More than 150 Catholics from the St. Cloud Diocese gathered Friday night in St. Cloud for a listening session regarding clergy sex abuse. Some at the meeting were angry at how church leaders have handled the situation, and say they don't trust the church to take care of problems within its ranks. Bishop John Kinney says he'll share what he heard at the session with his fellow bishops at a national meeting coming up in Dallas.
The listening session lasted over three hours and was full of strong emotions. Angry voices could be heard through the meeting's closed doors, as some parishioners stood up and shared their anger and frustration with church leaders. The listening session was closed to the media, but Bishop John Kinney spoke to the press afterward. He said of the three listening sessions held in the 16-county diocese, this was by far the most emotional.
"The first two were very strong with much passion. But there's much more intensity and passion in this one. A lot of anger, a lot of resentment. A number of victims...came forward and spoke of their anger or their sadness, or their feelings that perhaps they had not been treated in the way that they thought they should have been by the diocese," Kinney said.
Several parishioners stormed out of the church red-faced and teary-eyed after the meeting. Marti Oakley wasn't happy with the assurances church leaders gave the audience that they'd do what they could to address sex abuse in the church.
"My friends are victims - I know of several victims. I've seen what's happened to these people, and absolutely no help from this church," Oakley said. "They got caught. That's the only reason this is being discussed, they got caught - they got busted."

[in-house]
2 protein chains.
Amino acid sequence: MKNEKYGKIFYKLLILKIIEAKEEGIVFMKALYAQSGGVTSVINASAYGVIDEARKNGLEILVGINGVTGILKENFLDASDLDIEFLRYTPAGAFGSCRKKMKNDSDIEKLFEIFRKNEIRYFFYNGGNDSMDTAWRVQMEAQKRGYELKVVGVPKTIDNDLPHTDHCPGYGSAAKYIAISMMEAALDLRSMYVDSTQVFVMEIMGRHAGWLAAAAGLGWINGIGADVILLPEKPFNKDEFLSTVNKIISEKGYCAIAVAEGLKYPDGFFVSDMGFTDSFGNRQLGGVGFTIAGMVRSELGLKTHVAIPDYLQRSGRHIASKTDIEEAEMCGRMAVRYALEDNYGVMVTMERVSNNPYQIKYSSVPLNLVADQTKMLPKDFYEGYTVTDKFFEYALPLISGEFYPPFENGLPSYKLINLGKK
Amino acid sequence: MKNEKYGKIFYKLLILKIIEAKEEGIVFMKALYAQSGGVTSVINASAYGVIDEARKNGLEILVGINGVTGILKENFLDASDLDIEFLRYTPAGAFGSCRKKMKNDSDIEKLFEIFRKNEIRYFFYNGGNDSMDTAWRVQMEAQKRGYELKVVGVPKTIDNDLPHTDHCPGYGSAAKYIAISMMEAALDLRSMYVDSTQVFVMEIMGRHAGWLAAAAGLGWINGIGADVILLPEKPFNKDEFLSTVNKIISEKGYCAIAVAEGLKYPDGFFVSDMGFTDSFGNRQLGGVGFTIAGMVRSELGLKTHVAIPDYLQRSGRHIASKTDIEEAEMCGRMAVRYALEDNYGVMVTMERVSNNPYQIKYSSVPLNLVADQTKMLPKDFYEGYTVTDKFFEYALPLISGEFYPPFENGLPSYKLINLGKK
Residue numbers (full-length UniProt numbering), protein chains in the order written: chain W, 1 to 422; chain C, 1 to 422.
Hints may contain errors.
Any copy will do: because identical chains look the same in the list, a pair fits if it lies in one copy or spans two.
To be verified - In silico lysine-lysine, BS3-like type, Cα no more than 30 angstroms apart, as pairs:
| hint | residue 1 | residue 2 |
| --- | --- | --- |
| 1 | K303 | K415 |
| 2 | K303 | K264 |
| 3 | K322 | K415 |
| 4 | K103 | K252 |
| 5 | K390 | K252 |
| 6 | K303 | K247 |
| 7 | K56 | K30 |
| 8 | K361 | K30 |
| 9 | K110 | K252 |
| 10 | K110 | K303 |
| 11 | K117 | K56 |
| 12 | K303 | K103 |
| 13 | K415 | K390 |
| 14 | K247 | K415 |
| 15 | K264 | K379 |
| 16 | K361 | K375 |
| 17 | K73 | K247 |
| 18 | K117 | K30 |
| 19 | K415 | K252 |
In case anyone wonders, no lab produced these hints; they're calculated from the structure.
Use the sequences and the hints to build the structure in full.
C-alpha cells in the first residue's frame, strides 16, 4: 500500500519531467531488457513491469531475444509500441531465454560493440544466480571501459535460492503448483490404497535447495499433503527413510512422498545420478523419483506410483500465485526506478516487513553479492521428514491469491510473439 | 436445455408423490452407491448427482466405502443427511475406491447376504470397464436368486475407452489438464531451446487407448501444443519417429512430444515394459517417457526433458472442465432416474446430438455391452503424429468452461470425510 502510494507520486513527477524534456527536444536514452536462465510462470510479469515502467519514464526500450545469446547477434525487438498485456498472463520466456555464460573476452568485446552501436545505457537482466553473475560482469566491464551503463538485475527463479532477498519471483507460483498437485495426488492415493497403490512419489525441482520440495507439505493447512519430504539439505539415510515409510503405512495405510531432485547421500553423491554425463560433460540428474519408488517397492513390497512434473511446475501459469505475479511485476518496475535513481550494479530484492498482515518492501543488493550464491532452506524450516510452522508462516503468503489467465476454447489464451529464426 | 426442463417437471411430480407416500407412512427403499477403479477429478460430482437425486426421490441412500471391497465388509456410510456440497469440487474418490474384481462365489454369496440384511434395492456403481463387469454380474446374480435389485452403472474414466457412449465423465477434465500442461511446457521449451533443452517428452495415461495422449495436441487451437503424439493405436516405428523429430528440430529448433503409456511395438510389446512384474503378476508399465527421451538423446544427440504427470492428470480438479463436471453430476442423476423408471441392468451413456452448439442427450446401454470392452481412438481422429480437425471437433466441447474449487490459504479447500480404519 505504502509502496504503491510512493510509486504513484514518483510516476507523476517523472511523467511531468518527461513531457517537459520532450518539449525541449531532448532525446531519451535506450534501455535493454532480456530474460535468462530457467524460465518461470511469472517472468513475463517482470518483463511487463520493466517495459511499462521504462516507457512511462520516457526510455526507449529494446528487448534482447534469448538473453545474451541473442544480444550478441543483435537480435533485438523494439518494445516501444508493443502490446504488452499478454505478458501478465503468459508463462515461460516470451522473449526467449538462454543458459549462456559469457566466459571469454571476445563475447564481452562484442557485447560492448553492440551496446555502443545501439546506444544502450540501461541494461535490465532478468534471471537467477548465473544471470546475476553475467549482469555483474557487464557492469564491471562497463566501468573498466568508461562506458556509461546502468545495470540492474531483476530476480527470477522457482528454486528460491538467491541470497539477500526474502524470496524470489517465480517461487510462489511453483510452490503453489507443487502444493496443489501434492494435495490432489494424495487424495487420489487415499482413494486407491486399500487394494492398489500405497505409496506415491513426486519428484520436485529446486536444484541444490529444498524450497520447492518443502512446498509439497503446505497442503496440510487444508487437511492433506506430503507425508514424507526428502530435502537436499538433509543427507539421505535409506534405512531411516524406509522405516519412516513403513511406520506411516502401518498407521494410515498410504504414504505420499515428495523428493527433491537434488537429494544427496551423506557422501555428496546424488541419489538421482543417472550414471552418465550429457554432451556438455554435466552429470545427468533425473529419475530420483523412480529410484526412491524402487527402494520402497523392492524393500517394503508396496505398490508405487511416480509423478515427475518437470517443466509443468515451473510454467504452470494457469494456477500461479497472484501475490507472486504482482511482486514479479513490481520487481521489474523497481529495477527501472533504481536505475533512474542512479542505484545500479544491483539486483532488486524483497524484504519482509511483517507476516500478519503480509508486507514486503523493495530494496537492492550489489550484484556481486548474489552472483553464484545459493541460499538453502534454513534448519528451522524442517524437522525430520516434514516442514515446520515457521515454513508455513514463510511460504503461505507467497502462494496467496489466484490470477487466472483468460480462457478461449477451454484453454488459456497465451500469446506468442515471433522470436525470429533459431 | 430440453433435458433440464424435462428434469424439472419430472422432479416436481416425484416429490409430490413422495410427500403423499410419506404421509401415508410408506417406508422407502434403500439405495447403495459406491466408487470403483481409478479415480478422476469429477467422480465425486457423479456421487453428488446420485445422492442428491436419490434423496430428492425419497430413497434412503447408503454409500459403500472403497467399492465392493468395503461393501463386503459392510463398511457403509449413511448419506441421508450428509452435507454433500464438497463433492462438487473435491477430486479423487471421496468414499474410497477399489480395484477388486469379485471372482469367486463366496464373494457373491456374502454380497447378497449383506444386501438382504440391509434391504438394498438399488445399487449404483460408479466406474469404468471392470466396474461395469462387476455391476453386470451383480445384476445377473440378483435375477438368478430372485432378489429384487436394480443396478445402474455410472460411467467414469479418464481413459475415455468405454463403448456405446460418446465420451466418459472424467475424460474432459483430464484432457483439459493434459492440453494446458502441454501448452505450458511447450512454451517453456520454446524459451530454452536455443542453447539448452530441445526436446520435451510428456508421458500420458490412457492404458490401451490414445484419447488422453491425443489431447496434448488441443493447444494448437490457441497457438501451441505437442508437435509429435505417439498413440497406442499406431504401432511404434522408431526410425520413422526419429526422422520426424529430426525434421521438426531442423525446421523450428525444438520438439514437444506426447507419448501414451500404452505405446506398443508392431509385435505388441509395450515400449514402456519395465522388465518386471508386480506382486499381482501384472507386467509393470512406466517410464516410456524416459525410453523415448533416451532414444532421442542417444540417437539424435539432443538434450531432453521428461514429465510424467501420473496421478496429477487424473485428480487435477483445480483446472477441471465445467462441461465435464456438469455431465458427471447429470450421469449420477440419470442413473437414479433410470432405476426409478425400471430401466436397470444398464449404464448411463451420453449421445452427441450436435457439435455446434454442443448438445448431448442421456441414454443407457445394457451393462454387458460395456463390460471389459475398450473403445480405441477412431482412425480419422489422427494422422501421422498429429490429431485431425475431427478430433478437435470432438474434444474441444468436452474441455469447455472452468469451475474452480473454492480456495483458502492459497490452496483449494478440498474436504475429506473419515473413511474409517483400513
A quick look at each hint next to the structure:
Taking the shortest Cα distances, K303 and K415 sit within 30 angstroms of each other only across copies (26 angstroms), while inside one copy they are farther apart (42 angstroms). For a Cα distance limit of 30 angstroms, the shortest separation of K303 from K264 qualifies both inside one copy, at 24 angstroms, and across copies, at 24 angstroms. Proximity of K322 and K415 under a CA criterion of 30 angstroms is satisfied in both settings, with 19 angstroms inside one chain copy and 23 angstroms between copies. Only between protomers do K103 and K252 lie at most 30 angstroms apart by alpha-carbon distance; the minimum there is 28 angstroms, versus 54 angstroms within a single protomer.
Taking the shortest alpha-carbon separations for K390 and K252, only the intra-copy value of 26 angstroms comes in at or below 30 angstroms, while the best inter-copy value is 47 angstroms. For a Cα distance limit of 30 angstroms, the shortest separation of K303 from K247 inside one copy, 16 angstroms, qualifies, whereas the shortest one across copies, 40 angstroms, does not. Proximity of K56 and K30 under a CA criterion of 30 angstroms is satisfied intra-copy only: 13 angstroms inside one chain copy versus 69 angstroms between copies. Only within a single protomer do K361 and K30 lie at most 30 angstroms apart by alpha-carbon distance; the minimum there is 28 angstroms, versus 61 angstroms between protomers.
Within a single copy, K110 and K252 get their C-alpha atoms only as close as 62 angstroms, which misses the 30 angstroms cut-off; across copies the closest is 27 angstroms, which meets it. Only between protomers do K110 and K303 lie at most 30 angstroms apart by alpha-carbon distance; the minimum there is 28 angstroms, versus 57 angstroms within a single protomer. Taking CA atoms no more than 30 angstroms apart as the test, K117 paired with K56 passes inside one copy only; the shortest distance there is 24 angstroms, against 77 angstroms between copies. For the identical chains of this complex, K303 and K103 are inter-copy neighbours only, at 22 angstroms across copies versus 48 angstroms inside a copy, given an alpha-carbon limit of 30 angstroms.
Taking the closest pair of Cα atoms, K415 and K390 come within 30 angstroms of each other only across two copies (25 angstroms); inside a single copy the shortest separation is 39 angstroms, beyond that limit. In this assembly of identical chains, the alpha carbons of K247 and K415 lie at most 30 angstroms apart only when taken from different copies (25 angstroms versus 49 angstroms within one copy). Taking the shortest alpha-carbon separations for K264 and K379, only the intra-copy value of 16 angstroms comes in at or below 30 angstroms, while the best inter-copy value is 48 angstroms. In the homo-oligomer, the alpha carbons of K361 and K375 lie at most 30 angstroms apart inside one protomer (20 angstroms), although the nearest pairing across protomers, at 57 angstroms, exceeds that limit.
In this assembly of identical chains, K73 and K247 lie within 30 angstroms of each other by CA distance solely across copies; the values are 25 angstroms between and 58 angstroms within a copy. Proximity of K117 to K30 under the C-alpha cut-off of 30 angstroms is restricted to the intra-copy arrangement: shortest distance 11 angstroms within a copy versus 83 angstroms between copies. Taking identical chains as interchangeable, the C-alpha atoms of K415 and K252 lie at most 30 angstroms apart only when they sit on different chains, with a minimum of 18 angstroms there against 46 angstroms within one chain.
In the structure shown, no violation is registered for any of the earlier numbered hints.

Oakley says she hopes the recent scandals in the Catholic Church encourage more worshippers to step up and take a stronger role in how their church operates.
Mary Ann Valley from St. Cloud said she thought the listening session went well, for the first two hours. Then, Valley says, tempers flared, and she says the anger expressed toward Bishop Kinney went too far. Still, Valley hopes one result of the listening sessions will be an effort to teach people within the church about sex abuse.
"Educate the people, but also educate the seminarians...address the sexuality issues in seminary a lot more than they are," Valley said.
Bishop Kinney thinks one result of the listening sessions could be more outside monitoring of sex abuse cases in the church. But he also said the St. Cloud Diocese would favor a change to Minnesota's statute of limitations on sexual abuse. Currently, the statute runs out on cases when a victim turns 25.
"I certainly would be favorable to some form of a change of legislation, because I think very often these things come back years and years and years later," said Kinney. "I think the church needs to do everything it can to stand on the side of victims, and certainly that would be one way of addressing the issue. Standing on the side of victims that is, and not lawyers."
Some victims' advocates and attorneys for victims say the church hides behind the statute of limitations, to avoid civil and criminal trials over decades-old sex abuse cases.
The St. Cloud Diocese will host its final clergy abuse listening session June 7 in Princeton. Bishop Kinney will head to Dallas in mid-June for the National Bishops' meeting, where U.S. bishops are expected to discuss changes to their policies regarding clergy abuse.More Information